What’s In a Day? A Year?

Understanding time throughout the Solar System

Sarah Marie
7 min readDec 28, 2021


Fireworks explode in the center of the frame. The author has used this image to show the ending of one year and the beginning of new one.
Celebrating the culmination of a year and the beginning of a new one with fireworks. Photo by Roven Images on Unsplash

Despite the fact that many of us cannot believe it, and for reasons more than normal, 2021 is officially coming to an end. But what is a year? What is a day?

Most of you by this point should have an answer ready to go like a gunslinger in a Western.

There are 24 hours in a day.

365 days in a year.

Possibly even with a “duh” followed after it. We know these answers. We were taught these answers long ago and as adults, we certainly understand at least the first one, and hopefully the second.

A day is the time it takes from the rising of the sun to its setting, through the night, until the sun rises again. Pretty simple stuff that we experience every day. You don’t necessarily need someone to explain that to you.

But a year is somewhat harder. In fact, the history of the modern calendar is long and complicated with multiple revisions. People alive during these revisions had to deal with their calendar completely changing on them, to the point that a week just disappeared in 1582 as the new Gregorian calendar was enacted on Friday, October 15, 1582, even though the previous day had been Thursday, October fourth based on the old, Julian calendar.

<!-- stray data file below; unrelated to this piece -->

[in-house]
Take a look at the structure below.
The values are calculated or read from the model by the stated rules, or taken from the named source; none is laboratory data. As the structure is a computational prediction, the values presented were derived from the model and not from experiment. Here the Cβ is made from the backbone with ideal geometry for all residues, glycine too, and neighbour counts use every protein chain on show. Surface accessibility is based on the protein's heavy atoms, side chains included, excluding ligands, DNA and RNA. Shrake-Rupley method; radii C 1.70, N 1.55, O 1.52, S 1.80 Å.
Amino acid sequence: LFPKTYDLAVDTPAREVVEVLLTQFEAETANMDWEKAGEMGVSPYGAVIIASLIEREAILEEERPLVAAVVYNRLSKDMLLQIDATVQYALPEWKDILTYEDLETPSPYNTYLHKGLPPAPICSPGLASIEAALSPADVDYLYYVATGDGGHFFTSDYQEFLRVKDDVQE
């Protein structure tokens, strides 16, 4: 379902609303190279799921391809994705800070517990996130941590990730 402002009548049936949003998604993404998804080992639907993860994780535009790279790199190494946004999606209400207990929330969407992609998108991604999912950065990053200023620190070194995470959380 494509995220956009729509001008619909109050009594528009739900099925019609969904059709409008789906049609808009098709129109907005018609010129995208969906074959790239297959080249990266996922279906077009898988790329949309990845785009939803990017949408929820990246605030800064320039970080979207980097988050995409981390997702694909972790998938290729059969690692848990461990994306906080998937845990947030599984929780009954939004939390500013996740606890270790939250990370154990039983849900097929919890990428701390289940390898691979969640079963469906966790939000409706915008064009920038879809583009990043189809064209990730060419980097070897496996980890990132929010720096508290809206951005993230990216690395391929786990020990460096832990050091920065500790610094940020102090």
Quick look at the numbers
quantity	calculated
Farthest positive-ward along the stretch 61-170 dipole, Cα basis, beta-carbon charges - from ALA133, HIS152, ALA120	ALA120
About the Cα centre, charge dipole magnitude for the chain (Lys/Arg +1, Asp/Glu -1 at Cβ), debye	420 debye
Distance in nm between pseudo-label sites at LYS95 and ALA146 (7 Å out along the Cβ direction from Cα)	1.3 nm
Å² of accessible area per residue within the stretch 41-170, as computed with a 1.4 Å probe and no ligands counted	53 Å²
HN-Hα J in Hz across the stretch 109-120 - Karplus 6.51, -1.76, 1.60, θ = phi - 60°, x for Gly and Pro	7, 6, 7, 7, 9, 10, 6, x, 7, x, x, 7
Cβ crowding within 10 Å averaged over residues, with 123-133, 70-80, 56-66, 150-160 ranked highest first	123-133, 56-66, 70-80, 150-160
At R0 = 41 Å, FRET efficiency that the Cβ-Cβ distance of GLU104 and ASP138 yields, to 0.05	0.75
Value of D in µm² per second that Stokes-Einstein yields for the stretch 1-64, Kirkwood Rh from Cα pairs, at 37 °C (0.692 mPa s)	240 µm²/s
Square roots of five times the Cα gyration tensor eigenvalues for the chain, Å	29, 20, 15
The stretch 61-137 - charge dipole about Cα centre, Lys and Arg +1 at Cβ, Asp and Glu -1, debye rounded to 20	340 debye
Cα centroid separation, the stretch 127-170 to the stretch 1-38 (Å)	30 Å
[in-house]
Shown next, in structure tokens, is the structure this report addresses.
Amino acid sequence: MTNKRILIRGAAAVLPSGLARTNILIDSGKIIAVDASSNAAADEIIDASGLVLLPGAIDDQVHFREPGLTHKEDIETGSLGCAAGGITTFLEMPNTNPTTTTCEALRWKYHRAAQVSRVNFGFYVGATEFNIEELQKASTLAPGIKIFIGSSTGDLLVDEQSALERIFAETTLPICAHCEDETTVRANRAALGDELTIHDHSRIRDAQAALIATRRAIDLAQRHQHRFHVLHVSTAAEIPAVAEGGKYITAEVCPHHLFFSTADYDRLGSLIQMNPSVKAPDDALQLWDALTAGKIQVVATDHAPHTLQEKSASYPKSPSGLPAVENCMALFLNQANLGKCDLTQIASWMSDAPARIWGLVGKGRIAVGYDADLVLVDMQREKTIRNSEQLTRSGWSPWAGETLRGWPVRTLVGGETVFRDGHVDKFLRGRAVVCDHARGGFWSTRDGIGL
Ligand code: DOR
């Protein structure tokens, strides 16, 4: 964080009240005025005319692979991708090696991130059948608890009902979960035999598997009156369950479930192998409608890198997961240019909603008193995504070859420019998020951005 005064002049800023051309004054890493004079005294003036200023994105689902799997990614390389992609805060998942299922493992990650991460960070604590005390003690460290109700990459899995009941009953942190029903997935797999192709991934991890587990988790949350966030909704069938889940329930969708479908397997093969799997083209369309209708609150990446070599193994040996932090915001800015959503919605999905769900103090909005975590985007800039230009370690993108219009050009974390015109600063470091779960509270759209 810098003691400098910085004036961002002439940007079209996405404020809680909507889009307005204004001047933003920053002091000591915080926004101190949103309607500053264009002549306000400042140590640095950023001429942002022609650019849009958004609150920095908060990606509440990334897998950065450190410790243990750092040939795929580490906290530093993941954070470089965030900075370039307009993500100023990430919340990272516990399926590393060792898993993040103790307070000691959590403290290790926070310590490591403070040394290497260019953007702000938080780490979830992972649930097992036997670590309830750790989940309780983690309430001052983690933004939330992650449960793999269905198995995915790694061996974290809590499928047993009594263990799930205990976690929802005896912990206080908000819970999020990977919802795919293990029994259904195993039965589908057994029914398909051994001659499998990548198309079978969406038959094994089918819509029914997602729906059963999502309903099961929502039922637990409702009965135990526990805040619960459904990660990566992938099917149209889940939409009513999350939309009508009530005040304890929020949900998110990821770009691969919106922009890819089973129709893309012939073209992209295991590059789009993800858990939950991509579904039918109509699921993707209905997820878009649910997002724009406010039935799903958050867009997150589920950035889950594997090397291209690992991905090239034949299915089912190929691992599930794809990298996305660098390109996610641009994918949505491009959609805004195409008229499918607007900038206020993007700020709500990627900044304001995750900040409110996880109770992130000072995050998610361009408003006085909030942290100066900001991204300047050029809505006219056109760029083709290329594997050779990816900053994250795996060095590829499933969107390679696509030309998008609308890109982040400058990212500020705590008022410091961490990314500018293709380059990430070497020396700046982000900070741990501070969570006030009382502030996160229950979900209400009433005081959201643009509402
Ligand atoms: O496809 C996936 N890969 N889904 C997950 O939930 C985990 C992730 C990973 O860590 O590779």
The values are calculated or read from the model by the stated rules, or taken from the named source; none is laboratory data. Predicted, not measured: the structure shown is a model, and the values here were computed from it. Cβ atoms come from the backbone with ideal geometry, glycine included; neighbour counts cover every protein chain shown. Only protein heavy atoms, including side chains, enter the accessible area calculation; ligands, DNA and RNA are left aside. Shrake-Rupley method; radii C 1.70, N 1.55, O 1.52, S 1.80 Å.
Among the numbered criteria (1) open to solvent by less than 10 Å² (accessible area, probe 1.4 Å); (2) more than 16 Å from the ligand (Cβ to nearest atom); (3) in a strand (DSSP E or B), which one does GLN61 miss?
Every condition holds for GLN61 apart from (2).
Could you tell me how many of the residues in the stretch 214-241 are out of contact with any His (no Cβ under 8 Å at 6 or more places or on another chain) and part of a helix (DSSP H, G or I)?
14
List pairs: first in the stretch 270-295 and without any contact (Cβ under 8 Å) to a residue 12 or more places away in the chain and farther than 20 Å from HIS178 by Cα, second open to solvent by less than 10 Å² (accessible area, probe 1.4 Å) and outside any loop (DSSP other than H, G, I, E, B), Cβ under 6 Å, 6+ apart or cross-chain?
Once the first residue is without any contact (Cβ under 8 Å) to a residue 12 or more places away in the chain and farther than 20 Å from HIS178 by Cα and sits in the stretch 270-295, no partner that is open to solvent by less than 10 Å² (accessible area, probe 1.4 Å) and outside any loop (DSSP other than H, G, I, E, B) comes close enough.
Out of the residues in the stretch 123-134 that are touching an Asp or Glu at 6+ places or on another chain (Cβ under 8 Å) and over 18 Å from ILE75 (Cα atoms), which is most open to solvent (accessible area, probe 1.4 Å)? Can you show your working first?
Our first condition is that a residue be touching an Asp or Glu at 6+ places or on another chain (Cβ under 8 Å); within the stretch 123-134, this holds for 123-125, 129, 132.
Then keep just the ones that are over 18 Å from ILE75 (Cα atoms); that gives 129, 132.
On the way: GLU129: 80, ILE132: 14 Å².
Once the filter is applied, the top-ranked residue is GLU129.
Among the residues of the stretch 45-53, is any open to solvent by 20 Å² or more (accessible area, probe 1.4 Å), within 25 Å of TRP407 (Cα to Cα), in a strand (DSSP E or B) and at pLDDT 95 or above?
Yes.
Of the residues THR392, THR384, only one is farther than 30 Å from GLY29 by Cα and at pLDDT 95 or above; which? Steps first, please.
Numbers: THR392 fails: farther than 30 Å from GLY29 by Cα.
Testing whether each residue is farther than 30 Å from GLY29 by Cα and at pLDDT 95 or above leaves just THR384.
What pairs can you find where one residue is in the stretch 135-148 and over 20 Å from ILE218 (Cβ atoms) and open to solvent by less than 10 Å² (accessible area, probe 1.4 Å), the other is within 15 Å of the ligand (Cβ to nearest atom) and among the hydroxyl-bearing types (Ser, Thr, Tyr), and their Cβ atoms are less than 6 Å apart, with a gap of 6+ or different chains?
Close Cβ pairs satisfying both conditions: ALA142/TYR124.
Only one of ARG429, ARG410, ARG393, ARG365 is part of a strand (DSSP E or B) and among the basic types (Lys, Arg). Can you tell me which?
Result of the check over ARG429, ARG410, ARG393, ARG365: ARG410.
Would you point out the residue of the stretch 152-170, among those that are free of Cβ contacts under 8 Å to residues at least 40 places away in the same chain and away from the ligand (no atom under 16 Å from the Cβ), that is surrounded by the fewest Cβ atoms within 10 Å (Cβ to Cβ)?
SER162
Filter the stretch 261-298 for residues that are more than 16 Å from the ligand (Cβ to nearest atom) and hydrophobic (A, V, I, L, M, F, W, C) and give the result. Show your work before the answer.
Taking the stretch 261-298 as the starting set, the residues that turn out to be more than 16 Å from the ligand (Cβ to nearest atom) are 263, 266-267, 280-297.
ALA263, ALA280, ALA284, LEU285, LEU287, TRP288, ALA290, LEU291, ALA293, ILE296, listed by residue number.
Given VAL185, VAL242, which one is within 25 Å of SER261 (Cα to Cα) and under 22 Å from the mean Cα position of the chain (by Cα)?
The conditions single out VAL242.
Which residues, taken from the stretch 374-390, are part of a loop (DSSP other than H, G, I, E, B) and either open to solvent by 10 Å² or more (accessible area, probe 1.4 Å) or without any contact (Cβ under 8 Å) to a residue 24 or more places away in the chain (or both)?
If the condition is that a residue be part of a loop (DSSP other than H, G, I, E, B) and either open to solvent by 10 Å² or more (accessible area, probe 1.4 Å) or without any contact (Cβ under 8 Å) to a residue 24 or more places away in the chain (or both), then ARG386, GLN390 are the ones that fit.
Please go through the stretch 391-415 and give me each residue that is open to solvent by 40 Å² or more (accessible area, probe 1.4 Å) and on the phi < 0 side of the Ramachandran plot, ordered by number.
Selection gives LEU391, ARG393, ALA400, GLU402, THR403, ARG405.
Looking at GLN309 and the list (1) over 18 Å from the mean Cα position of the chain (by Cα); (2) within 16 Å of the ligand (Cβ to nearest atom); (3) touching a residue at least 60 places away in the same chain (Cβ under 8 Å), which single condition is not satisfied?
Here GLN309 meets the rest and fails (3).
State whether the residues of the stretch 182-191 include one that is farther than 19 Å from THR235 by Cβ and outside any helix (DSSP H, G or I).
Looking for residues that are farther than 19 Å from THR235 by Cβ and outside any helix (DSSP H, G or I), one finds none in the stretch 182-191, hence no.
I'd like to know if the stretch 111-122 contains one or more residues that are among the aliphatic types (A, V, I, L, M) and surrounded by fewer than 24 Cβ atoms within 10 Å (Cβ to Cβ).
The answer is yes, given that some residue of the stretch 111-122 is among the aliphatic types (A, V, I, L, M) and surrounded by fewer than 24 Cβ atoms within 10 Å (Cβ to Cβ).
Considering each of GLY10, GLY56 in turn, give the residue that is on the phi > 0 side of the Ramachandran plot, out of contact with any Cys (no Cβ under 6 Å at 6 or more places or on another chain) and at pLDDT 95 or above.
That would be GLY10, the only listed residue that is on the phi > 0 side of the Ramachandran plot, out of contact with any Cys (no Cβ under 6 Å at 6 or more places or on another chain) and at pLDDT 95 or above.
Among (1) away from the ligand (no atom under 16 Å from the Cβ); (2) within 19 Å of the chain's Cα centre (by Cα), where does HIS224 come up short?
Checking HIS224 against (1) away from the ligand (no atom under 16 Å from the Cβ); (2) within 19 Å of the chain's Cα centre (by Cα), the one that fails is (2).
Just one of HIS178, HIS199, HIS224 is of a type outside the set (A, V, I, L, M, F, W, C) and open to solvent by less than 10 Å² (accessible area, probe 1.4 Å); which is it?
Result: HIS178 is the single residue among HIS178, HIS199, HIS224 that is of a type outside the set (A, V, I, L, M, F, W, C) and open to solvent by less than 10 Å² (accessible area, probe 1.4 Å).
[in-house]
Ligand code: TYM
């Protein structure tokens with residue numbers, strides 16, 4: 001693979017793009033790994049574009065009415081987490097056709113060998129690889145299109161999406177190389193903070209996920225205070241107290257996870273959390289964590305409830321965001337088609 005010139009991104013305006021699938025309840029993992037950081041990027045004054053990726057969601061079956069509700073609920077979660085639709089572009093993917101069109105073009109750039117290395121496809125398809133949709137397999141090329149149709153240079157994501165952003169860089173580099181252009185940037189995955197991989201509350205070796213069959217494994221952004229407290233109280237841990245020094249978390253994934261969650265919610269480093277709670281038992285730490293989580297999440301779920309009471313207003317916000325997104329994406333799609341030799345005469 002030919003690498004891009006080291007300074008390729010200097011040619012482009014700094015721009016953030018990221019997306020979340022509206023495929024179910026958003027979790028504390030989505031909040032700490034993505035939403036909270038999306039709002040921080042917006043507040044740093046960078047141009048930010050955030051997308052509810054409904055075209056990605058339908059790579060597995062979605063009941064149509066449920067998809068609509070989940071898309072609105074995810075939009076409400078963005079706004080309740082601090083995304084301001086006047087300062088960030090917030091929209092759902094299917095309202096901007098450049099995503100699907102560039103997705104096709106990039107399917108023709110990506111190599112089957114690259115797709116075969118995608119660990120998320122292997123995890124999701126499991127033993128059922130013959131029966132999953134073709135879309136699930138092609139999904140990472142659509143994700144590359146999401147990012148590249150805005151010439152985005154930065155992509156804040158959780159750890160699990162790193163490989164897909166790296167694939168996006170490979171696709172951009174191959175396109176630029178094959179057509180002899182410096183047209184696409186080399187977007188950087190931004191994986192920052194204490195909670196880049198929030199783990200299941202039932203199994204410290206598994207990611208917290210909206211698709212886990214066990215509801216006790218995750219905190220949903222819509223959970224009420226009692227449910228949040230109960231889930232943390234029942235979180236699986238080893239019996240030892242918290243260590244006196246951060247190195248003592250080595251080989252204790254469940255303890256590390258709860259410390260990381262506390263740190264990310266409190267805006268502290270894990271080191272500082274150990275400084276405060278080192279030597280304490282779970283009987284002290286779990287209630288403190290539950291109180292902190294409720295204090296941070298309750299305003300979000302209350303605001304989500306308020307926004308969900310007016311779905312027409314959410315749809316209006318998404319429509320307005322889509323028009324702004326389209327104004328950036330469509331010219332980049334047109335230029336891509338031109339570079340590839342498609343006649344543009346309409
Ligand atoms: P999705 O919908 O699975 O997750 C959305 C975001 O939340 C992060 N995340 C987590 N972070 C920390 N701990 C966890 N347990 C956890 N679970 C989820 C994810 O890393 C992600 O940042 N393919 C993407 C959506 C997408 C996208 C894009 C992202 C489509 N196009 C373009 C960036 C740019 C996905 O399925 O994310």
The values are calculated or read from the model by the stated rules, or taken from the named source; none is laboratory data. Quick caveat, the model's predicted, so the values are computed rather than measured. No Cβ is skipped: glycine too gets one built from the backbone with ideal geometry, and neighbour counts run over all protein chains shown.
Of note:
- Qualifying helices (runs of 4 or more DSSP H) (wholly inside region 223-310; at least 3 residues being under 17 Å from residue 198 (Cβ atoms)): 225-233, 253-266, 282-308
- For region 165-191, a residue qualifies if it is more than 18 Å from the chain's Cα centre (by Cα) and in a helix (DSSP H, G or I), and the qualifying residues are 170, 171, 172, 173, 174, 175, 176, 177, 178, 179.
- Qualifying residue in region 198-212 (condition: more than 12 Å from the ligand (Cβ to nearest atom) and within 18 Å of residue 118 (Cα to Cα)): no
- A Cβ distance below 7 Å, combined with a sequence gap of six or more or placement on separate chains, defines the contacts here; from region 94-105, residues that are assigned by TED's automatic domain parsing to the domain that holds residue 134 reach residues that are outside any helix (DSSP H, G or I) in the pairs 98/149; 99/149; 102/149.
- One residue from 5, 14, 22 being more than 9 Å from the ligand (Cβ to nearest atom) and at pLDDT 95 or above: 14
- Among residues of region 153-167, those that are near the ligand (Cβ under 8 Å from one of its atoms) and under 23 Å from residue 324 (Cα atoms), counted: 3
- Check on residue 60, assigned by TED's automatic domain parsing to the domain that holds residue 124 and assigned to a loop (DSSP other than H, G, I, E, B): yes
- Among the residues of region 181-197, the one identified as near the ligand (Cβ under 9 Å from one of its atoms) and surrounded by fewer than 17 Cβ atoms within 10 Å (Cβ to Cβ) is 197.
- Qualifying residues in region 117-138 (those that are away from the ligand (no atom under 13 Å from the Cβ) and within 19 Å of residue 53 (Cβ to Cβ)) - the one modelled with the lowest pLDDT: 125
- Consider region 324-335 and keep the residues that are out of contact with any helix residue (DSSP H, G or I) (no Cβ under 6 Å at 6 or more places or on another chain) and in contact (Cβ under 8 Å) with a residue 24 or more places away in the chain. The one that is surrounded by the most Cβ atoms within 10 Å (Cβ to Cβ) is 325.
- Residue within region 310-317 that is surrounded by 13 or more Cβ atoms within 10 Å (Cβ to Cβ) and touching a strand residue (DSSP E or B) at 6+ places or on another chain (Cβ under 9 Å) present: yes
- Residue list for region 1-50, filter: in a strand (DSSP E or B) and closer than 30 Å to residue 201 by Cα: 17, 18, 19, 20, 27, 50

So what was the issue? What were we calculating to make a year?

Well, it all goes back to astronomy and Earth’s relative location to the Sun.

Again, many of us can recite these astronomical definitions of day and night. A day is the time it takes for the Earth to do one full rotation of its axis.

Think of a basketball spinning on someone’s finger, but slow it down and put a light on one side of it a little bit away. From the perspective of any point on that basketball, there will be times when it is in full light, times when it is in full darkness, and areas in between.

A gif of the Earth rotating with light from the sun (off frame) illuminating the left side. This shows how we have day and night.
Gif showing the Earth rotating with light coming from left side, showing how day and night occur in an astronomical sense. From our perspective here on Earth, we see the Sun rise and set because we are actually spinning from darkness into light. Note: the image does not depict the tilt of the Earth’s axis to better show this detail. Gif Source

We see the sun rising and setting, not because it orbits us, but because we turn on our axis and therefore we see the sun appear and disappear as we rotate…



Sarah Marie

Author & Freelance Writer | Top Writer in Space | A little bit of everything: Science, books, personal development, fiction, poetry, hobbies, and art